Assessing permafrost erosion in the Canadian Beaufort Sea, Herschel Island – a biomarker approach


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Michael.Fritz [ at ] awi.de

Abstract

Herschel Island is the remnant of an ice-push moraine, formed during the farthest advance of the Laurentide Ice Sheet in the late Wisconsin. The island is located in the Canadian Beaufort Sea, in the northwestern part of the Yukon Territory. A marine depression (Herschel Basin), southeastern adjacent to Herschel Island, acts as a sink of organic matter (OM) derived from various sources. The main objective of this master thesis was to determine the amount of OM, derived from Herschel Island, in the deposits of Herschel Basin. Rapidly increasing mean annual air temperatures (MAAT) in high latitude areas raise awareness of a changing Arctic climate and consequences for the Arctic carbon cycle. Biomarker analyses of soil and sediment samples from various study sites on and around Herschel Island show that sediments in Herschel Basin are of prevailing terrigenous origin. Approximately 60 % of the OM in the surface sediments of Herschel Basin and the adjacent nearshore area can be assigned to eroded material from Herschel Island. Investigations on a sediment core from the centre of the basin suggest enhanced erosion rates and increased supply by OM from Herschel Island in the upper section of the core. Results of biomarker analyses of this thesis corroborate a progressing change of the Arctic climate, amplified by positive carbon feedback mechanisms.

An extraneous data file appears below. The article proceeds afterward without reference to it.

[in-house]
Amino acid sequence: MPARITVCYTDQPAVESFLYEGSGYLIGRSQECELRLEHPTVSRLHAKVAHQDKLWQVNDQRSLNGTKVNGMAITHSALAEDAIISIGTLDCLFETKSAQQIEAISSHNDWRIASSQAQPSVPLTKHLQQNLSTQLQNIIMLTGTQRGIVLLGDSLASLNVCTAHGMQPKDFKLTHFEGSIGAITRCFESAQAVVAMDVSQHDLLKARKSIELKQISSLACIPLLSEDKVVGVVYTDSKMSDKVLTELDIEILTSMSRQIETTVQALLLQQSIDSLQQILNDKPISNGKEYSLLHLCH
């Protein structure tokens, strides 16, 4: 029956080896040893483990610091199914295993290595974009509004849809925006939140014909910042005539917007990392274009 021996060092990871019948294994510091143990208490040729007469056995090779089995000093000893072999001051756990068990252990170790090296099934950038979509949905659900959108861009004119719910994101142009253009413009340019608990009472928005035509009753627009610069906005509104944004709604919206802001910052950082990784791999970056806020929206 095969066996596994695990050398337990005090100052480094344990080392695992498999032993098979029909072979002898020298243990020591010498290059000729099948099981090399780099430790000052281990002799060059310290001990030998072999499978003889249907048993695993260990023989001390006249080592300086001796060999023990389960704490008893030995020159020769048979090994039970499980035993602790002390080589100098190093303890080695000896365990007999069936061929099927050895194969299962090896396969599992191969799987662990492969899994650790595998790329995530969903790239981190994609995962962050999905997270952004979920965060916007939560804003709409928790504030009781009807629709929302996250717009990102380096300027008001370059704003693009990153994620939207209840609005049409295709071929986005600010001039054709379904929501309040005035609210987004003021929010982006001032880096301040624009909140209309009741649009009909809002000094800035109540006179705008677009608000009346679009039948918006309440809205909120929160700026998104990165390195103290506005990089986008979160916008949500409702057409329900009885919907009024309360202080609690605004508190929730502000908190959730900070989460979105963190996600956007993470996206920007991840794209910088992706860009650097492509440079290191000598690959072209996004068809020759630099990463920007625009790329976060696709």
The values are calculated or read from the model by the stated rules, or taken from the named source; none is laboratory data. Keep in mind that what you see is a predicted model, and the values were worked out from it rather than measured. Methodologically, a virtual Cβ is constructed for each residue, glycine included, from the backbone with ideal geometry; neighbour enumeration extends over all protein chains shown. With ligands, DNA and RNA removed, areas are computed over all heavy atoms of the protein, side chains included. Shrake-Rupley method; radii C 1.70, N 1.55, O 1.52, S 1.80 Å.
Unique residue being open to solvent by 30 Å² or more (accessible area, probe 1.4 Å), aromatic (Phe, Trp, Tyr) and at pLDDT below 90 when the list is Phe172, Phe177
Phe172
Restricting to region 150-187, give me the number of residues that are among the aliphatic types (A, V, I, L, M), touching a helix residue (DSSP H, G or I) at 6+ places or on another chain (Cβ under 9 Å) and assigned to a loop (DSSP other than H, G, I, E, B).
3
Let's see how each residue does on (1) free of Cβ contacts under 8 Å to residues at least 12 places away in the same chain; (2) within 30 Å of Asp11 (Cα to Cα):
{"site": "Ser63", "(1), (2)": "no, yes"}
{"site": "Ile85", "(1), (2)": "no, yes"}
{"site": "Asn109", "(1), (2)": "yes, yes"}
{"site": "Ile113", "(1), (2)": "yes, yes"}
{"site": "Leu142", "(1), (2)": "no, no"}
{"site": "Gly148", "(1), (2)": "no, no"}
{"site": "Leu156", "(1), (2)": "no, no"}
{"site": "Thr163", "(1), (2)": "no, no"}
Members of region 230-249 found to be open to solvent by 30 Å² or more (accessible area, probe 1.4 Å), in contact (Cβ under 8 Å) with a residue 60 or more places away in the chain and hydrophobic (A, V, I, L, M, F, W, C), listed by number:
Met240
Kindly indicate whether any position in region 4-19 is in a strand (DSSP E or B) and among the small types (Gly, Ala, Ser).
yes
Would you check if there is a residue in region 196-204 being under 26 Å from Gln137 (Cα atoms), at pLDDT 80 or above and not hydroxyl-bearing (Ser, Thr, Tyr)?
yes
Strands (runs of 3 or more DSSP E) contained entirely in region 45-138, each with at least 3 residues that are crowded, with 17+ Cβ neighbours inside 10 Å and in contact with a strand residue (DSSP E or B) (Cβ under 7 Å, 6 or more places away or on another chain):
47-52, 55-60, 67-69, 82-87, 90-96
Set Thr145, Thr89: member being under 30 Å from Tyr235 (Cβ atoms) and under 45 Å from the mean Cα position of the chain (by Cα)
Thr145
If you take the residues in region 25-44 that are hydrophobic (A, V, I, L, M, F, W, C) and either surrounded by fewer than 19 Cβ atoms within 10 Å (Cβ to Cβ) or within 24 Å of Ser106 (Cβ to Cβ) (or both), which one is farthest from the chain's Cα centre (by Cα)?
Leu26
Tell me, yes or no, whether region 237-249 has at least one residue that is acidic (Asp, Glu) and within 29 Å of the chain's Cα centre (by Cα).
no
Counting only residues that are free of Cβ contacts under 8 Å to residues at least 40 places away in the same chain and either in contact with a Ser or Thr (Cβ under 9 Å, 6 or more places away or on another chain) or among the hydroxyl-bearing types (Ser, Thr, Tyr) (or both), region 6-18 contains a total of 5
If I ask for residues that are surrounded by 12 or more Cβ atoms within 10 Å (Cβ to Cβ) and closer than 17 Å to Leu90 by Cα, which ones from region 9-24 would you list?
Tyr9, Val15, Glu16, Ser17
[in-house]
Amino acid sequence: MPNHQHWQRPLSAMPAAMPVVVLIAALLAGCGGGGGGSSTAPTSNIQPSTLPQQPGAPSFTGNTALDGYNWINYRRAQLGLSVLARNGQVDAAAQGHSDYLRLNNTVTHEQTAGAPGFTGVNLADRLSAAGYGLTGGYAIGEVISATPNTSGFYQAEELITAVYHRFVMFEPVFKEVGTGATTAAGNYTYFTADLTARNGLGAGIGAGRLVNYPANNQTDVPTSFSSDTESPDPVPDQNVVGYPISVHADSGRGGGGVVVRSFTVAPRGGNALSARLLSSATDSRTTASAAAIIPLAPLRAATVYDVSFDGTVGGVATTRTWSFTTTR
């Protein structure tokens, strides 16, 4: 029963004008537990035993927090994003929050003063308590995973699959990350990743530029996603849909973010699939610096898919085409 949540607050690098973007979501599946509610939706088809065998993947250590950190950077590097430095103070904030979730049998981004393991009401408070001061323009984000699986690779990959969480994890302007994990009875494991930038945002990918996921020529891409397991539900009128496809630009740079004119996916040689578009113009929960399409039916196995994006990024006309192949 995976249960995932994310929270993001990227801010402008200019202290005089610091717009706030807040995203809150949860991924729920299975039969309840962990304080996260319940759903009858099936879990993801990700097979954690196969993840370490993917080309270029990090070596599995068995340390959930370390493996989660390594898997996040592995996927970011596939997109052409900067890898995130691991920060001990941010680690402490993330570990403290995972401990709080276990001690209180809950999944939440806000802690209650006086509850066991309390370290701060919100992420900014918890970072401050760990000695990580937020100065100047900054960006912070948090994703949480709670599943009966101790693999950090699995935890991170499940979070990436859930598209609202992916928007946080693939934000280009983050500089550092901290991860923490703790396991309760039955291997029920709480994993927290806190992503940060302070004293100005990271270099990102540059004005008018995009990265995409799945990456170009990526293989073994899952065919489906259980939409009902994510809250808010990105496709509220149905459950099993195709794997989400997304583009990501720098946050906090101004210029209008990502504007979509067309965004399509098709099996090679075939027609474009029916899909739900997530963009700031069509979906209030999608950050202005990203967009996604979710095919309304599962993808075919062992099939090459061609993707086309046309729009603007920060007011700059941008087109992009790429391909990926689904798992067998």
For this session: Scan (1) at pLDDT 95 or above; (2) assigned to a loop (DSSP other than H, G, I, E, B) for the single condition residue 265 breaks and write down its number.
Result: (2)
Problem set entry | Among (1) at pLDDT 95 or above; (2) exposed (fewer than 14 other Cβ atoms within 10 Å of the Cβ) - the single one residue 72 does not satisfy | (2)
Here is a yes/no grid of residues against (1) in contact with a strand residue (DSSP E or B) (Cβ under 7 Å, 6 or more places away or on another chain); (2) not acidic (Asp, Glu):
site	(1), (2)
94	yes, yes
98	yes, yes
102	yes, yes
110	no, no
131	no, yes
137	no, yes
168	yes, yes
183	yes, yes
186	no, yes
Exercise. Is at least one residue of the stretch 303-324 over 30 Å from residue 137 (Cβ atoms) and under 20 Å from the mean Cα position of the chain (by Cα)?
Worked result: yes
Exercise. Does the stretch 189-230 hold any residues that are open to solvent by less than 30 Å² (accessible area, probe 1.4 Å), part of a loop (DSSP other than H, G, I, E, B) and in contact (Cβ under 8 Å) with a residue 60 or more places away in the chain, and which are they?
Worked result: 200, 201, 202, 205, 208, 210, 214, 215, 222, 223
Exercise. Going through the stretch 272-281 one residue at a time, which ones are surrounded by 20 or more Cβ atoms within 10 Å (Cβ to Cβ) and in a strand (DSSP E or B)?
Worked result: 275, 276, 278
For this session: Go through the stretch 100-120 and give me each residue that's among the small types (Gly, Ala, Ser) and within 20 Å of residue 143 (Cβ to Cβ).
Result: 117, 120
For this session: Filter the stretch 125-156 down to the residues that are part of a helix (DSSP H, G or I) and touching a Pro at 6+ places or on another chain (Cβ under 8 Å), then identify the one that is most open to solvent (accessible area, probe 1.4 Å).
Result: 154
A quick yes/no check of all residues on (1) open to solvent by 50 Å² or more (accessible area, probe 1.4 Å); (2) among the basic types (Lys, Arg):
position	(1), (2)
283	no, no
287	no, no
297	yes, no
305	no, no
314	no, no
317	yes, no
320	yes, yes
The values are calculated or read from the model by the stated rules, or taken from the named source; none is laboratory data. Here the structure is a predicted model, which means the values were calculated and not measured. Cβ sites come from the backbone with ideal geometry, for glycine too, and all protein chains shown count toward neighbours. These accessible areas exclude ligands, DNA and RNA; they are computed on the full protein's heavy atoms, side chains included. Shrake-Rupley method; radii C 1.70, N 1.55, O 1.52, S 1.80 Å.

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Thesis (Master)
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Not peer-reviewed
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Eprint ID
45177
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Riedel, T. (2017): Assessing permafrost erosion in the Canadian Beaufort Sea, Herschel Island – a biomarker approach , Master thesis, Universität Bremen.


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